By Trevor Greenwood, S. V. Partington
Tank Commander Sgt Trevor Greenwood of C Squadron, the ninth Royal Tank Regiment, sailed for France in June 1944 as a part of the Allied invasion of Normandy. From D-Day till April 1945, he saved a regular diary of his reviews of the ultimate push via France and into Germany, frequently writing in mystery and in negative stipulations. less than hearth, outgunned and dealing with a sour iciness, he by no means loses his ethical compass or his experience of humour - discovering time to brew tea and preserve morale with characterful British reserve. He writes candidly of his frustration and depression of seeing Bomber Command mistakenly bomb Allied traces close to Caen (August 1944), the liberation of Le Havre (September 1944), the scuffling with round Roosendaal, Holland (October 1944), the reception of infantrymen via the Dutch households on whom they have been billeted (December 1944), and concludes with 'mopping up' operations in northern Germany (April 1945). His stunning diary has left us a different list of the conflict in Europe from the rarely-seen standpoint of a typical soldier. An accompanying essay in regards to the tank battles of Normandy by means of Duxford Museum's tank specialist offer extra worth
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Extra info for D-Day to Victory: The Diaries of a British Tank Commander
But no sooner was everything virtually settled-the King had just been received with great honors by President Hindenburg-than the Afghans overthrew their ruler in a coup d'etat. The prospect of continuing to work with Tessenow consoled me. I had been having some misgivings anyhow, and I was glad that the fall of Aman Ullah removed the need to make a decision. I had to look after my seminar only three days a week; in addition there were five months of academic vacation. Nevertheless I received 300 Reichsmark-about the equivalent in value of 800 Deutsche MarkO [$200] today.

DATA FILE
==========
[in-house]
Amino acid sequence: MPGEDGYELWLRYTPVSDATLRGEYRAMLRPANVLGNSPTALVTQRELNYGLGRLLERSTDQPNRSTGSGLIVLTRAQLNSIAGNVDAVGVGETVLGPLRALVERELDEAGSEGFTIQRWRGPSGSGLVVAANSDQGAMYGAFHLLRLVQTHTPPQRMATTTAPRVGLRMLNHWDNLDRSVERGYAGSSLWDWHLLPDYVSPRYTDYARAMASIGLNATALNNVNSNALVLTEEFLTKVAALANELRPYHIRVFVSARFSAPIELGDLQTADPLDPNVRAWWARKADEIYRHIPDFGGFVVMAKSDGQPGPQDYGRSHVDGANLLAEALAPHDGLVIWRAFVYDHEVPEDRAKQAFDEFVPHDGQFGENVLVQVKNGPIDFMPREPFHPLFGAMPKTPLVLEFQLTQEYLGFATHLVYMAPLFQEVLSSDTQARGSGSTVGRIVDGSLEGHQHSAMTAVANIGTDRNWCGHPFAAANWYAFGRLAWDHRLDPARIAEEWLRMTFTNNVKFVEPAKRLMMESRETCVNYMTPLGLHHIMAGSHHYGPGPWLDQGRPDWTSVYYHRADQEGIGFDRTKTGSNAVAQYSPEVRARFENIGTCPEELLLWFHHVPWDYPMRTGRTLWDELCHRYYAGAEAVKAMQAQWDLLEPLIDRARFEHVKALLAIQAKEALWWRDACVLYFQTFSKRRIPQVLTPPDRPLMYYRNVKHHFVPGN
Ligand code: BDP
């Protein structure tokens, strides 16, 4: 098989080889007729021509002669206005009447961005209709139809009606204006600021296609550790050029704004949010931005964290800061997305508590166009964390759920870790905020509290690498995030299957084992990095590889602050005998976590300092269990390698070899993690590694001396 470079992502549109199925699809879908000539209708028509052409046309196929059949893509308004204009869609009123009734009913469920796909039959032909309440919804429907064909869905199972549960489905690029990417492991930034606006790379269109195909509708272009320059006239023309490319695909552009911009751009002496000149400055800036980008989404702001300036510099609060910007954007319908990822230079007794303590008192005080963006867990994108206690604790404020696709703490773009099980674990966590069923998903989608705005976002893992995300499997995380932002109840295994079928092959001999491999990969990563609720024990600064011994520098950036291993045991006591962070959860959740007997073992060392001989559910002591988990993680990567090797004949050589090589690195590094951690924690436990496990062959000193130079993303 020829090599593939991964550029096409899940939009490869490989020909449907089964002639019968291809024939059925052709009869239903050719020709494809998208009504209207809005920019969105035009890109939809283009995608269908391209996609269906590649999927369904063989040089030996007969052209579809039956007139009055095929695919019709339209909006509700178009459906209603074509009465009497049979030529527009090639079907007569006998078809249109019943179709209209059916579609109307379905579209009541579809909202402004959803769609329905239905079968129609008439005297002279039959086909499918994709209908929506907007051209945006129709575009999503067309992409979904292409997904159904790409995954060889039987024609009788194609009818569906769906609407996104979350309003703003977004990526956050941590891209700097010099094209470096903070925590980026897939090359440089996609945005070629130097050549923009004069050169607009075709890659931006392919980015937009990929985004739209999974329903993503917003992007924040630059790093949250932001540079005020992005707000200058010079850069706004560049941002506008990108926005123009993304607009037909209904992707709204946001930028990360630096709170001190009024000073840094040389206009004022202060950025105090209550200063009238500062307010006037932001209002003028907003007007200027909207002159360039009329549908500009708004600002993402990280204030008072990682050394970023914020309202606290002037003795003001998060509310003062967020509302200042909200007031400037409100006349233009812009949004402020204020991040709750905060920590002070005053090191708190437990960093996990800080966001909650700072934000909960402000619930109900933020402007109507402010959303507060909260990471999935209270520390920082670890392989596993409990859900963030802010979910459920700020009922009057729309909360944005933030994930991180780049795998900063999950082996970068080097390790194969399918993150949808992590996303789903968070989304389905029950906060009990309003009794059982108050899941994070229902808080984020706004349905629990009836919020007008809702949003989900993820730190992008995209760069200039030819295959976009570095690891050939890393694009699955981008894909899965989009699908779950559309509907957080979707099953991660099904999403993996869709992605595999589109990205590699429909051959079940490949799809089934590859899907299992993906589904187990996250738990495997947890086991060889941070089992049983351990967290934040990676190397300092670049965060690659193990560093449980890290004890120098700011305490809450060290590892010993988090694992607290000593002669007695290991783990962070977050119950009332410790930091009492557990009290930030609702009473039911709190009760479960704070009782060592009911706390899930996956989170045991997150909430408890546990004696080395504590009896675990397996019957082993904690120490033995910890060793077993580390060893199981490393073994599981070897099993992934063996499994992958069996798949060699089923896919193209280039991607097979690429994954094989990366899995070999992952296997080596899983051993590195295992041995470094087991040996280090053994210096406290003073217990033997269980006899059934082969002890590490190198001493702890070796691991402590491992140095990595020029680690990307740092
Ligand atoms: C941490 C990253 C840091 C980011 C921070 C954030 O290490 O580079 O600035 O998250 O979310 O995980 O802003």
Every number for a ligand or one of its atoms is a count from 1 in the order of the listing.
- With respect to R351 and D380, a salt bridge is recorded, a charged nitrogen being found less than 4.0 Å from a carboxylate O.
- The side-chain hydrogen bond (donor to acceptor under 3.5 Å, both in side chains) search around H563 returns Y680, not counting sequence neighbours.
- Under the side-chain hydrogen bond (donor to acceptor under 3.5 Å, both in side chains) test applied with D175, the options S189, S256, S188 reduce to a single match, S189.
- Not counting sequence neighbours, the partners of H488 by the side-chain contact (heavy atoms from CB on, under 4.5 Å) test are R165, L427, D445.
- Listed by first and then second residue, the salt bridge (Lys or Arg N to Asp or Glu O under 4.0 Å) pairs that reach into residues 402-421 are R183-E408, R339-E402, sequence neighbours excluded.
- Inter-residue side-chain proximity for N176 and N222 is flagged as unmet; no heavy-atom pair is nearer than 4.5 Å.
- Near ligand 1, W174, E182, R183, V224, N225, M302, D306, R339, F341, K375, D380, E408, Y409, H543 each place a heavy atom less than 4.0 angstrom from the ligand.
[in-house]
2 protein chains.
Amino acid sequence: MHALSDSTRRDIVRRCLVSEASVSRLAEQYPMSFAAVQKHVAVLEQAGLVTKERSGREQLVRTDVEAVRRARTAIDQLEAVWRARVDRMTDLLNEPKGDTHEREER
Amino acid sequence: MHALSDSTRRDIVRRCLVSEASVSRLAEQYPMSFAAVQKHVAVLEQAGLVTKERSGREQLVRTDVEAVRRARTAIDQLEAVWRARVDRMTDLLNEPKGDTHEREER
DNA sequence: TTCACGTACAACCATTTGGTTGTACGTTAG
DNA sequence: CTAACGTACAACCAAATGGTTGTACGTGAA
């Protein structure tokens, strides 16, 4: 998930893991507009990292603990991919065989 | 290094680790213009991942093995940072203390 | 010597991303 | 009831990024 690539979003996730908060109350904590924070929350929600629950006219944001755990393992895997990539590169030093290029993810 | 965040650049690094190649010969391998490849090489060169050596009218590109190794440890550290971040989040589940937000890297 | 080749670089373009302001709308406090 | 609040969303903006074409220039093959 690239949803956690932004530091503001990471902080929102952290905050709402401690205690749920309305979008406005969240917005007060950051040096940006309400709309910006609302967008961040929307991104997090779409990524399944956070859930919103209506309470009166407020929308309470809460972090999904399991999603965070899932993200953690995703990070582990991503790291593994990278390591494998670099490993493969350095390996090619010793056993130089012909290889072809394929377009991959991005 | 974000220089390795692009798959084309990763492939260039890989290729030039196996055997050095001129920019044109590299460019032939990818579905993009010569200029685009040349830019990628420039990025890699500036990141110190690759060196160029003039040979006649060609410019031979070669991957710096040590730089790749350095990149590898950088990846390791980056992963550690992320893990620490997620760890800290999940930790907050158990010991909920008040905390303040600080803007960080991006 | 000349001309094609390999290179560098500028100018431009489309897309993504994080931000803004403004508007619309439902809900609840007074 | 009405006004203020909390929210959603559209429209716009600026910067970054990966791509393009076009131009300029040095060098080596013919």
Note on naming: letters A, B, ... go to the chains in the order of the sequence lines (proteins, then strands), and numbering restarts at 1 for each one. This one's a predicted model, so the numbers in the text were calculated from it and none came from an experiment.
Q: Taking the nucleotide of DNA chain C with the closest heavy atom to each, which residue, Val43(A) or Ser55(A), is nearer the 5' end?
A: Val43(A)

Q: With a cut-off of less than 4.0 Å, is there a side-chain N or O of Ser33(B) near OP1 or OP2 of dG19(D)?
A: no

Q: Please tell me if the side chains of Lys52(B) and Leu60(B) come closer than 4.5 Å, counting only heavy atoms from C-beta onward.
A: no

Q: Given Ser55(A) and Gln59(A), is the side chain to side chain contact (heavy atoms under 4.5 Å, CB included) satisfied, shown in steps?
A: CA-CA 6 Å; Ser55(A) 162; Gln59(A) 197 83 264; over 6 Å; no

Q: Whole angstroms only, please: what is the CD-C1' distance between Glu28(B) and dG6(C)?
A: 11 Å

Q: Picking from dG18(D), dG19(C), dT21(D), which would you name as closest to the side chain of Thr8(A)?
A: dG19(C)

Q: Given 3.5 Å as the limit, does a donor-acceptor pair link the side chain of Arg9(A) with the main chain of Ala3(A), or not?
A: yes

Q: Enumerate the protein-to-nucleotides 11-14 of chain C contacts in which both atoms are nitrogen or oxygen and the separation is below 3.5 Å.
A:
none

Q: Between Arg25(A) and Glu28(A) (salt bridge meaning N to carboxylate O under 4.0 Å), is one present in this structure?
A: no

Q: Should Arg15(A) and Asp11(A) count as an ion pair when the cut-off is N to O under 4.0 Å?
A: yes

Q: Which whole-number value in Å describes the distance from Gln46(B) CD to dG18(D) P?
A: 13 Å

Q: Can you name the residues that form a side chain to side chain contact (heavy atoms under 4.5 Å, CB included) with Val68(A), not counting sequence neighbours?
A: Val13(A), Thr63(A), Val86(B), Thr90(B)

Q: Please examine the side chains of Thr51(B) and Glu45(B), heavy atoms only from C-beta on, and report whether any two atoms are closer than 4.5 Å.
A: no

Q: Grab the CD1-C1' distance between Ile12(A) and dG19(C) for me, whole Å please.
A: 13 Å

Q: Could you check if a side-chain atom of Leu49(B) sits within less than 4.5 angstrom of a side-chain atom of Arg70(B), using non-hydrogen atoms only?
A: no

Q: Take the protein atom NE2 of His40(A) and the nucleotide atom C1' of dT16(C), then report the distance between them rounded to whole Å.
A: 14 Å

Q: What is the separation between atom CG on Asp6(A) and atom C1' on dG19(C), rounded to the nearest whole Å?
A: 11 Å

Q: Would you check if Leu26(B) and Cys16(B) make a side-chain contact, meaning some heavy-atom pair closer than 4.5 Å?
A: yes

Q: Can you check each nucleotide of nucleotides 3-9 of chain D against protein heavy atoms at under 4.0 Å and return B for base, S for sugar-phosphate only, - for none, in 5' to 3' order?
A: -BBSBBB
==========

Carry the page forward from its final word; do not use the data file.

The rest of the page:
There was a more basic opposition involved when I turned to what were then the advanced writers and looked for friends in a rowing club or in the huts of the Alpine Club. The custom in my circles was for a young man to seek his companions and his future wife in the sheltered class to which his parents belonged. But I was drawn to plain, solid artisan families for both. I even felt an instinctive sympathy for the extreme left-though this inclination never assumed any concrete form. At the time I was allergic to any political commitments.
Hard climbs gave us the sense of real achievement. Sometimes, with characteristic obstinacy, I managed to convince my fellow hikers not to give up a tour we had started on, even in the worst weather-in spite of storms, icy rains, and cold, although mists spoiled the view from the peak when we finally reached it. Often, from the mountain tops, we looked down upon a deep gray layer of cloud over the distant plain. Down there lived what to our minds were wretched people; we thought we stood high above them in every sense.